This router was initially configured thru SDM software and later modified by CCP. They created the following ACLs:
access-list 1 remark INSIDE_IF=Vlan1 access-list 1 remark CCP_ACL Category=2 access-list 1 permit any access-list 2 remark Auto generated by SDM Management Access feature access-list 2 remark CCP_ACL Category=1 access-list 2 permit 10.10.10.0 0.0.0.255 access-list 100 remark Auto generated by SDM Management Access feature access-list 100 remark CCP_ACL Category=1 access-list 100 permit tcp 10.10.10.0 0.0.0.255 host 10.10.10.1 eq telnet access-list 100 permit tcp 10.10.10.0 0.0.0.255 host 10.10.10.1 eq 22 access-list 100 permit tcp 10.10.10.0 0.0.0.255 host 10.10.10.1 eq www access-list 100 permit tcp 10.10.10.0 0.0.0.255 host 10.10.10.1 eq 443 access-list 100 permit tcp 10.10.10.0 0.0.0.255 host 10.10.10.1 eq cmd access-list 100 permit udp 10.10.10.0 0.0.0.255 host 10.10.10.1 eq snmp access-list 100 deny tcp any host 10.10.10.1 eq telnet access-list 100 deny tcp any host 10.10.10.1 eq 22 access-list 100 deny tcp any host 10.10.10.1 eq www access-list 100 deny tcp any host 10.10.10.1 eq 443 access-list 100 deny tcp any host 10.10.10.1 eq cmd access-list 100 deny udp any host 10.10.10.1 eq snmp access-list 100 permit ip any any access-list 101 remark Auto generated by SDM Management Access feature access-list 101 remark CCP_ACL Category=1 access-list 101 permit ip 10.10.10.0 0.0.0.255 any dialer-list 1 protocol ip permit no cdp run
To my uneducated guess the red ACL 101 virtually duplicates green ACL 2 and both of them negate the rest of ACLs. Is that correct? What is the best course of action regarding securing access to this router?
You have there different ACL. One rule is in ACL 2 and the other one is in ACL 101 and another set or rules in ACL 100...I don't see how can ACL 2 and 101 could negate each other or any other rule in other ACL. These are independent rules in different ACLs. Or I understood wrong your question?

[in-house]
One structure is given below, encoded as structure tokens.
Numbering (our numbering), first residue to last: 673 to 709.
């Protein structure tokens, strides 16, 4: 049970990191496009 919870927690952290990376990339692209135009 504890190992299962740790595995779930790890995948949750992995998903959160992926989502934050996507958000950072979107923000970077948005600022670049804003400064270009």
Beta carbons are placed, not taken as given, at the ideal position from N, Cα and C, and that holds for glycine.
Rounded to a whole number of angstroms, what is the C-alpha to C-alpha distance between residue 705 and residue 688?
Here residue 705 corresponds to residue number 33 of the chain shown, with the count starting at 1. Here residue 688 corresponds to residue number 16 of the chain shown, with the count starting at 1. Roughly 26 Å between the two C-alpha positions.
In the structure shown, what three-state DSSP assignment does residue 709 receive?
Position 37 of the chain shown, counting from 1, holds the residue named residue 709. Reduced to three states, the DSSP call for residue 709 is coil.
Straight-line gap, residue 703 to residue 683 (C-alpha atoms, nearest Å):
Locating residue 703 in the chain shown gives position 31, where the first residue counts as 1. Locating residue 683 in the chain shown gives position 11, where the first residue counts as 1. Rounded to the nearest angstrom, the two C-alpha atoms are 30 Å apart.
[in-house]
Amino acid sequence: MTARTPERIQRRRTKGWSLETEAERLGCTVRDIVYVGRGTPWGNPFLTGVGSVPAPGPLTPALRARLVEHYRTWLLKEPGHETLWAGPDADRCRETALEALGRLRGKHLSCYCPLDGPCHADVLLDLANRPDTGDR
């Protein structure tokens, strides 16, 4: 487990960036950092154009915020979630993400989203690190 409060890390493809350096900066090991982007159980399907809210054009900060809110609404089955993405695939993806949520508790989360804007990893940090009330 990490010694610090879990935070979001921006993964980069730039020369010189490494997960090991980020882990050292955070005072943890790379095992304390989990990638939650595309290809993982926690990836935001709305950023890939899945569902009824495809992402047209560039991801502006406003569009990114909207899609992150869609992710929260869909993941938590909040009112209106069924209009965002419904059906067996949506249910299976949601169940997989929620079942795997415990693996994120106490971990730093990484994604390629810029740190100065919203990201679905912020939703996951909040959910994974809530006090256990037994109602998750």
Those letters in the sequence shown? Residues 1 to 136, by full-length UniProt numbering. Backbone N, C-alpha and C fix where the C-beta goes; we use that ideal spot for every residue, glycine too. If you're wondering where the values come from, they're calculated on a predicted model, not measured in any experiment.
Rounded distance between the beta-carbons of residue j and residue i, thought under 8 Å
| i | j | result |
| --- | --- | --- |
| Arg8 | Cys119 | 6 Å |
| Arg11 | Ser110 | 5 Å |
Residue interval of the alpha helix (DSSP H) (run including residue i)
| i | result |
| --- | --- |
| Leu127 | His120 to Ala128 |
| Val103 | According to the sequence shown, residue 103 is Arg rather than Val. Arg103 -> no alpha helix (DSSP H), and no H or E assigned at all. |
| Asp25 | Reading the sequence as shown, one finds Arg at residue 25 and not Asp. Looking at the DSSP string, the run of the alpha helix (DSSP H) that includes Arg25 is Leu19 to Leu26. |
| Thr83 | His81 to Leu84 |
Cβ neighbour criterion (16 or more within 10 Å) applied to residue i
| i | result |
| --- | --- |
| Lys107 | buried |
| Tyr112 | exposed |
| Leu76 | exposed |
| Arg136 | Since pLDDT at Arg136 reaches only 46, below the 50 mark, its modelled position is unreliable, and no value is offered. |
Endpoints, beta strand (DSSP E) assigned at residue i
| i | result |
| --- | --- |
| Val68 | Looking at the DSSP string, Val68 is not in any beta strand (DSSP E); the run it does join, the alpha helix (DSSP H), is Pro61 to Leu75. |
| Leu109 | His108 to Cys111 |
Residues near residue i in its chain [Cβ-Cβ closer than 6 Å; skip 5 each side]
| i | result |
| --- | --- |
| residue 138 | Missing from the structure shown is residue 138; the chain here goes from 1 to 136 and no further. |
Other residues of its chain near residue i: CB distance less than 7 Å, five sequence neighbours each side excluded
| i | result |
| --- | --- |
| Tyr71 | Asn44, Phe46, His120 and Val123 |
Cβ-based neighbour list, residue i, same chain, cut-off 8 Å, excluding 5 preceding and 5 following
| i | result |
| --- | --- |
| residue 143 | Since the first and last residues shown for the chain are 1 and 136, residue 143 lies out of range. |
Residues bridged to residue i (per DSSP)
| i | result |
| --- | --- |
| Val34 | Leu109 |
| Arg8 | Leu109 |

Regarding your question about how to secure your device. Here would be a good start:
Your ACLs are all independant of each other. As such, ACL2 and ACL101 have no effect on ACL100. Think of them as namespaces. Access-lists are processed top-down only within the same access-list. Your router will not process Access-List 1, then Access-list 2, then Access-list 3 for the same traffic. You can only apply 1 ACL to a direction on any particular interface.
For example, if you wanted ACL100 to govern the traffic to your device, you would apply ACL100 to your inbound or outbound interface.
It can be easy in SDM to create multiple access lists without realizing what you are doing.
Access-list 2 is a standard access-list, and does not consider anything other than IP addresses and to permit or deny the traffic.
Access-list 100 & 101 are extended access-lists, and can consider the source IP, destination IP, protocol, and type of traffic (port #).
No they are not applied summarily. As the others have said they are treated as individual access-lists. They may or may not be in use on your router as we can't see because you haven't supplied the rest of the config. Access-lists can be used for all kinds of things other than simply deny or premitting traffic through an interface eg. QOS packet matching/NAT configurations/Policy Based Routing etc.
To see whether these acls are actually being used you need to look at the whole router config to see of they have been applied anywhere.
Does that mean that ACLs are applied only to certain interfaces and only in specific direction (in or out)?
I thought of them as sort of firewall where they were numbered for convenience, but applied summarily.
ACLs on routers are applied to interfaces with a direction. For example:
- You want to apply ACL 101 to traffic coming in from the internet towards your company. Your router has a WAN interface Serial0/0.
- You would do:
- conf t
- int s0/0
- ip access-group 101 in
This would look something like this:
interface Serial0/0 description WAN Interface
ip address 220.127.116.11 255.255.255.252 ip access-group 101 in
That will have all traffic coming inbound to that interface be passed through your access-list 101 before it is allowed to continue through the traffic path. Think of the number on the access-list as a unique identifier or name in the context of firewall ACLs. You may have a firewall ACL called "outside_access_in", and one called "inside_access_out" that serve two different purposes. All the traffic through the firewall does not pass through both access-lists, only the one that is applied to the specific interface.
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